$$\partial_\mu \rightarrow \frac{\partial}{\partial x^{\alpha \dot\beta} }$$. (I don't know if you're familiar with dotted/undotted notation). The two indices transform under $$SU(2)$$ and the complex conjugate of that representation.

I'm also sure this has been done before. If you are really interested, feel free to hound me some.

There's a handy Wikipedia page http://en.wikipedia.org/wiki/Dirac_equation" [Broken] which makes these things clear.
Laura

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I found it easiest to construct the theory in terms of (Weyl) 2-spinors - these have 2 complex components and transform according to SL(2). SL(2) is the set of 2-by-2 complex matrices with unit determinant. There are two distinct ways to do this: if $$R \in SL(2)$$, then a weyl spinor \psi could transform as
$$\psi \rightarrow R \psi$$​
or as
$$\psi \rightarrow (R^\star)^{-1} \psi$$​
.
These are called Left-handed or Right-handed Weyl spinors, respectively. (This is what is meant by the Lorentz group having 2 distinct representations in SL(2)). A Dirac spinor is a pair of one LH Weyl spinor and one RH Weyl spinor.

SL(2) arises because its Lie algebra is isomorphic to that of the Lorentz group SO(1,3) - they both have 6 generators corresponding to a closed subalgebra of 3 infinitesimal rotations, and 3 infinitesimal boosts. This gives a geometric interpretation to spinors: infinitesimal lorentz transformations correspond one-to-one with infinitesimal SL(2) transformations of spinors.

This is possible on curved spacetime as well. In this case we assume a general metric g_ij with Minkowskian signature, and define the symmetry group in terms of this metric. There are 6 generators, which we denote J_ab with antisymmetry in the two indices. The Lie-algebra structure is characterised by the bracket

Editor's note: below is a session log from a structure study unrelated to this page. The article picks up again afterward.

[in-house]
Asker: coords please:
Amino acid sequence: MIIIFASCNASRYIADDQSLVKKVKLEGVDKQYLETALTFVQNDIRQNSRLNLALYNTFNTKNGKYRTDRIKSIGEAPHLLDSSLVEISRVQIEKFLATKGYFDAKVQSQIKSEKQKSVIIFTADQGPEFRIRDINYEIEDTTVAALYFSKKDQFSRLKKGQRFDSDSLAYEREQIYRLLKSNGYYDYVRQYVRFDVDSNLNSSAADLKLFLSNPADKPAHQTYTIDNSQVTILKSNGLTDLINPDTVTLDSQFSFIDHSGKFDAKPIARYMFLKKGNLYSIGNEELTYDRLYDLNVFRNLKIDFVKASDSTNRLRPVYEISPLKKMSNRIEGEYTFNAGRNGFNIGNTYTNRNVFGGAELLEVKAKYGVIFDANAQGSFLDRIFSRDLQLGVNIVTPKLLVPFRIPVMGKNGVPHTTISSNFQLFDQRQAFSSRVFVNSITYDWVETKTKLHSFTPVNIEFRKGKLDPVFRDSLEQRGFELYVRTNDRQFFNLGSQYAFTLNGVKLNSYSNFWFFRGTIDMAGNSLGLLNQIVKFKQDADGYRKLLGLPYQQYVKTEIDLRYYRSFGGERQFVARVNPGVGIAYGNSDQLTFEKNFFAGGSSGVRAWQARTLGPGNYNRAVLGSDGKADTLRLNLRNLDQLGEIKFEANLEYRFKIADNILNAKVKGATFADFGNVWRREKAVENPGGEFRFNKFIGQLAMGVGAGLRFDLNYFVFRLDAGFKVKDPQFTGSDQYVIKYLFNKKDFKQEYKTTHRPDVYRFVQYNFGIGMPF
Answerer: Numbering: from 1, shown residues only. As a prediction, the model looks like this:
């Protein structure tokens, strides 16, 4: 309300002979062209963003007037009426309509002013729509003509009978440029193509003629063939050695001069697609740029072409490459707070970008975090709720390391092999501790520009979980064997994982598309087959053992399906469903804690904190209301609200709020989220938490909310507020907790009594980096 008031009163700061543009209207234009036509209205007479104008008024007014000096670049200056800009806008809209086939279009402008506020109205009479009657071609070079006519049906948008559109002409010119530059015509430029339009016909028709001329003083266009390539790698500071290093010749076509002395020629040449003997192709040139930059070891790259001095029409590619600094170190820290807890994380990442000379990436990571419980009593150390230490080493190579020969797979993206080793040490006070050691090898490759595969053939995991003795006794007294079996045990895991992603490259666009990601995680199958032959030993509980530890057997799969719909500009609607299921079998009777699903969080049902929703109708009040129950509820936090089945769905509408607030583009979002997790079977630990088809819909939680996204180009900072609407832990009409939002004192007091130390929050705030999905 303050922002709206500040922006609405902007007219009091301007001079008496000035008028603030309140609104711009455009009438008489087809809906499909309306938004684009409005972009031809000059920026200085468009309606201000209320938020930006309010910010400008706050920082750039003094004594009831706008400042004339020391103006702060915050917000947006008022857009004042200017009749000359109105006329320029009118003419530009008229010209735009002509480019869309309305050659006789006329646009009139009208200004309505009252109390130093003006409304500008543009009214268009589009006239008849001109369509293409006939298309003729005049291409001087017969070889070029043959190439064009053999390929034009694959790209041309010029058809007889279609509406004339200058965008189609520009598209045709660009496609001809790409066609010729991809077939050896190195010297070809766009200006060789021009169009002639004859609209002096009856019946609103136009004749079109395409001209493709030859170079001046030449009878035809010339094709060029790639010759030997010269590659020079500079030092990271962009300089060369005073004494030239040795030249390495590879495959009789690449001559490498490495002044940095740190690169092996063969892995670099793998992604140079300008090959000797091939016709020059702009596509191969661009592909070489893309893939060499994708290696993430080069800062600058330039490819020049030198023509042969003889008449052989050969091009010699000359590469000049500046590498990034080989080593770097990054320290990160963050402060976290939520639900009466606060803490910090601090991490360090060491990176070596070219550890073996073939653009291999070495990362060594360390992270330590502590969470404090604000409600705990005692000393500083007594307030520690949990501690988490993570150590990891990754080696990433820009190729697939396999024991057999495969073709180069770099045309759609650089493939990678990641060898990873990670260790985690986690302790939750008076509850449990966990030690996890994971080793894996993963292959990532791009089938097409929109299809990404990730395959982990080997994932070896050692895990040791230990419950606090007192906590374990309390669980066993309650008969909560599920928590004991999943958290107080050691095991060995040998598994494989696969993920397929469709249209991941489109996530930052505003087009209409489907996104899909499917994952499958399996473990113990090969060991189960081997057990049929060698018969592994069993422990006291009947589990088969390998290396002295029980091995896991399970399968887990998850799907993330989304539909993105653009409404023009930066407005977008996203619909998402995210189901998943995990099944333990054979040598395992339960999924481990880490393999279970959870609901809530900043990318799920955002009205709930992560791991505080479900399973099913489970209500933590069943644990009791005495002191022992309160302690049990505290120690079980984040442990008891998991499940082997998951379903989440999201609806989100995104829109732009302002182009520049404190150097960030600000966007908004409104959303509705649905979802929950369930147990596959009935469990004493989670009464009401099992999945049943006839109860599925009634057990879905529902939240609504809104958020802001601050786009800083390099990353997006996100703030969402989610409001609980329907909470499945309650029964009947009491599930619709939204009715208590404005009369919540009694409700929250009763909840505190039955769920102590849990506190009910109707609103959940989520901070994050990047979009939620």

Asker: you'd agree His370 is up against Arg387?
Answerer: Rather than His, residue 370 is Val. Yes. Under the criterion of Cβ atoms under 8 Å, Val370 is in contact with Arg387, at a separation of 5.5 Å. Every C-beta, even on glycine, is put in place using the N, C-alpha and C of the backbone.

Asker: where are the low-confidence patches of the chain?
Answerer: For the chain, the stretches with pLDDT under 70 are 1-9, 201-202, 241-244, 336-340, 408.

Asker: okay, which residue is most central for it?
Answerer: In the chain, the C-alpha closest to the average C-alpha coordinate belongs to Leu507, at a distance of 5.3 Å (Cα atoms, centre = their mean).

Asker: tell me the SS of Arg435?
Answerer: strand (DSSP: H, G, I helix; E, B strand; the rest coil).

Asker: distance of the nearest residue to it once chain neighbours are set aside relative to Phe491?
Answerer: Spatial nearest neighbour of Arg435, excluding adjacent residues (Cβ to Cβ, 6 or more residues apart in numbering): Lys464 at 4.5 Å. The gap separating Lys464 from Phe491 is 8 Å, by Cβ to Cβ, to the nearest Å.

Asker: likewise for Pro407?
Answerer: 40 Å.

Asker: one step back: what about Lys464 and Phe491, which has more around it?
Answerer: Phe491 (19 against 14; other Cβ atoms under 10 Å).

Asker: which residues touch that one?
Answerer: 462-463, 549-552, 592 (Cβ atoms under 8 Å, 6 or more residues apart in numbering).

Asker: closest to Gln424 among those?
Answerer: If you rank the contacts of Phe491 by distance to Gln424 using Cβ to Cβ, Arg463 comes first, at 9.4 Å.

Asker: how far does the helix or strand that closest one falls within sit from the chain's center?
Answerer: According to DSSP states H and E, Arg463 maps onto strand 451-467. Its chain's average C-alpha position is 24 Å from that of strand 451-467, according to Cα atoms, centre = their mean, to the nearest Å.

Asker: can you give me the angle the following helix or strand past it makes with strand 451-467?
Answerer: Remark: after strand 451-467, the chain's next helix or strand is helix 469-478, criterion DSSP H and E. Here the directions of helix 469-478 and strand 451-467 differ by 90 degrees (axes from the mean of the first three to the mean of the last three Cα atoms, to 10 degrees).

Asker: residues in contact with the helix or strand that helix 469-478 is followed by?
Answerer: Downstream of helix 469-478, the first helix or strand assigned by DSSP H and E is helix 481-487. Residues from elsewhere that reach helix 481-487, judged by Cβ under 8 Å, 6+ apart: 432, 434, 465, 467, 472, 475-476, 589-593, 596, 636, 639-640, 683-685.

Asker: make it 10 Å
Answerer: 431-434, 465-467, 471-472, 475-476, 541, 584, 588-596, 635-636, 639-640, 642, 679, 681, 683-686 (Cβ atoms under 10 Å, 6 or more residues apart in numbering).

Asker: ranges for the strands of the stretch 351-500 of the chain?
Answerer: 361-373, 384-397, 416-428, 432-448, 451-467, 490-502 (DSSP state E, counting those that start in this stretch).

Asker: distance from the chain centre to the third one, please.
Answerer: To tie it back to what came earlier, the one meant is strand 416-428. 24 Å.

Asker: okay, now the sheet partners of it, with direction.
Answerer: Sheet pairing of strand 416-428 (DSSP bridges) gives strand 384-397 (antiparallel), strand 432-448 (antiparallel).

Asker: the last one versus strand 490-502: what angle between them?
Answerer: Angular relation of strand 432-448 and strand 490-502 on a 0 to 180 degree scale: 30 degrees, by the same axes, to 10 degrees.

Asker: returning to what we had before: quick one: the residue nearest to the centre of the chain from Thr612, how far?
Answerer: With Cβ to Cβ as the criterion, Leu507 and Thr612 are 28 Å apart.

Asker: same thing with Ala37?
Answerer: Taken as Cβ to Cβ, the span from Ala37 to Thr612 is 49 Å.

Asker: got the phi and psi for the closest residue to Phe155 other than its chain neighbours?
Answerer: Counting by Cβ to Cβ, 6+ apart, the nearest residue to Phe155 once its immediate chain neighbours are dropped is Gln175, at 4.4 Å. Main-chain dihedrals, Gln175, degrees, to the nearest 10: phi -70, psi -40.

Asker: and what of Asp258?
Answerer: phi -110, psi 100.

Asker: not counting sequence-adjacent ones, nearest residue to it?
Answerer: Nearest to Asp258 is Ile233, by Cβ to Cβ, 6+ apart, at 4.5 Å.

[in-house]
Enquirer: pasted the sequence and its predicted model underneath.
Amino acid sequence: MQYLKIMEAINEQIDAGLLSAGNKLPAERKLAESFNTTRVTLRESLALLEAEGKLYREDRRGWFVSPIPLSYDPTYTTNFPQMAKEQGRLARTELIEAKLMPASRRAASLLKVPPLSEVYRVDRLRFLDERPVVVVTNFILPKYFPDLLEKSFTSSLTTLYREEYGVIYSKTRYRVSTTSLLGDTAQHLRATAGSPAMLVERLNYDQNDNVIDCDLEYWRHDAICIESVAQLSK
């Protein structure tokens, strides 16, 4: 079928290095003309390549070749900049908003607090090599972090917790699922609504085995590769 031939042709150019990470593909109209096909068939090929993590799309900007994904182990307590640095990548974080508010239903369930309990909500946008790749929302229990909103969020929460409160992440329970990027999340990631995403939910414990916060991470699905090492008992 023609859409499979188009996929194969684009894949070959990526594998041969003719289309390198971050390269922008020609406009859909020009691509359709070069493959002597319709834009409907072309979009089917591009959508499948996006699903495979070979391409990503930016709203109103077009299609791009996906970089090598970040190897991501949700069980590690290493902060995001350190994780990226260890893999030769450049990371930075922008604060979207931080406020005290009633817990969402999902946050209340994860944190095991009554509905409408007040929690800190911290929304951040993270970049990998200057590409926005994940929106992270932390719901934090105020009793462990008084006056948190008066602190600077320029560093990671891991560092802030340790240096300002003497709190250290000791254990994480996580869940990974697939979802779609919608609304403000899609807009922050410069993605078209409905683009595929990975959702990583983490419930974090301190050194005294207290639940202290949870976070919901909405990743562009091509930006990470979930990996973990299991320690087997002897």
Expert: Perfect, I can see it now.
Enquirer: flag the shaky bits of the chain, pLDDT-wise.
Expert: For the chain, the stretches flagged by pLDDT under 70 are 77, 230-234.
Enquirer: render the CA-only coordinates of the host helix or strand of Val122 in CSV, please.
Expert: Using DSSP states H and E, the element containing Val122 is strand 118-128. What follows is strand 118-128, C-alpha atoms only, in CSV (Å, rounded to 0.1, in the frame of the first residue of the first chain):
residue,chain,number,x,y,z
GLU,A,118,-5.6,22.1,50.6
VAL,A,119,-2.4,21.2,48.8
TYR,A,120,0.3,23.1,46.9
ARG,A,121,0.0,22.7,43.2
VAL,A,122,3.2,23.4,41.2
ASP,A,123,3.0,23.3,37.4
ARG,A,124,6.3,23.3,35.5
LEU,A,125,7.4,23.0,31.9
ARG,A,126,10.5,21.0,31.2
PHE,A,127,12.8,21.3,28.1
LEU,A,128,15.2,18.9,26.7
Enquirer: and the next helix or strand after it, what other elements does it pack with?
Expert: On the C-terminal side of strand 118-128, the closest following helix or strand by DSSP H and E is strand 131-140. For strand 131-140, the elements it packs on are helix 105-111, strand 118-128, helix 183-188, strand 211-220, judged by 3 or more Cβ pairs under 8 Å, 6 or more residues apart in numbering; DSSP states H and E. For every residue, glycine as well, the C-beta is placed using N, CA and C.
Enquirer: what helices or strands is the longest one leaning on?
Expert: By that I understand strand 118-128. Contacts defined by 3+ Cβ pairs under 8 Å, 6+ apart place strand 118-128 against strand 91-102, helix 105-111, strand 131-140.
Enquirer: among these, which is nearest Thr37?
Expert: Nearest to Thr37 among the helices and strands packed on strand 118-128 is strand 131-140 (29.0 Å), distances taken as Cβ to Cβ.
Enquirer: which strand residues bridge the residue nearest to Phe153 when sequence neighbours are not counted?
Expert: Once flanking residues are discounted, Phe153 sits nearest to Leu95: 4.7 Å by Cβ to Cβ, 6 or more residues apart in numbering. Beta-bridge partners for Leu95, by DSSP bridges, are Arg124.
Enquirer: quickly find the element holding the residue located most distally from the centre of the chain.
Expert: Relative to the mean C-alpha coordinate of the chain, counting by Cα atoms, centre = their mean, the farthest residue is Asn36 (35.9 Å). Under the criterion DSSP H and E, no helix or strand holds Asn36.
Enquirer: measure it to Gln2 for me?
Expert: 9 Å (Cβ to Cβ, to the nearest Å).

$$[J_{ab},{J_{ij}] = g_{ai} J_{bj} + g_{bj} J_{ai} - g_{aj} J_{bi} - g_{bi} J_{aj}$$​
and it is in fact possible to choose 2-by-2 matrices from sl(2) that satisfy this bracket... if you like I can post some further details about how to do this. Anyway the short answer is that the symmetry group corresponding to the general metric g_ij is also SL(2), and has LH and RH representations in much the same way as in flat space. In this way it's possible to define spinors at each point of a curved manifold.

So, I think that spinors require more structure on the manifold than vectors... vectors can be defined independently of the metric, but spinors require a metric.

I think this is a fairly complicated topic, so I hope this condensed summary of results doesn't just cloud the water further.... :-)

Dave

Interesting.

What I'm taking in from all of this is that the spinor fields should be regarded as making up a new fiber bundle where the fiber is a 4-dimensional complex vector space instead of the ordinary real vector space used for vectors.

The spinors are postulated to transform under Lorentz transformations according to the SL(2) representation of the Lorentz group, but remain invariant under more general coordinate transformations.

This is all well and good, but in the tangent bundle for ordinary vectors, the transformation rule under Lorentz/general transformations is not postulated but follows as a corollary of the fact that the vectors are smooth derivations of the base space.

It seems to me that there should be a corresponding functional interpretation of spinors which leads directly to their (postulated) transformation law. Is such an interpretation known or has been investigated?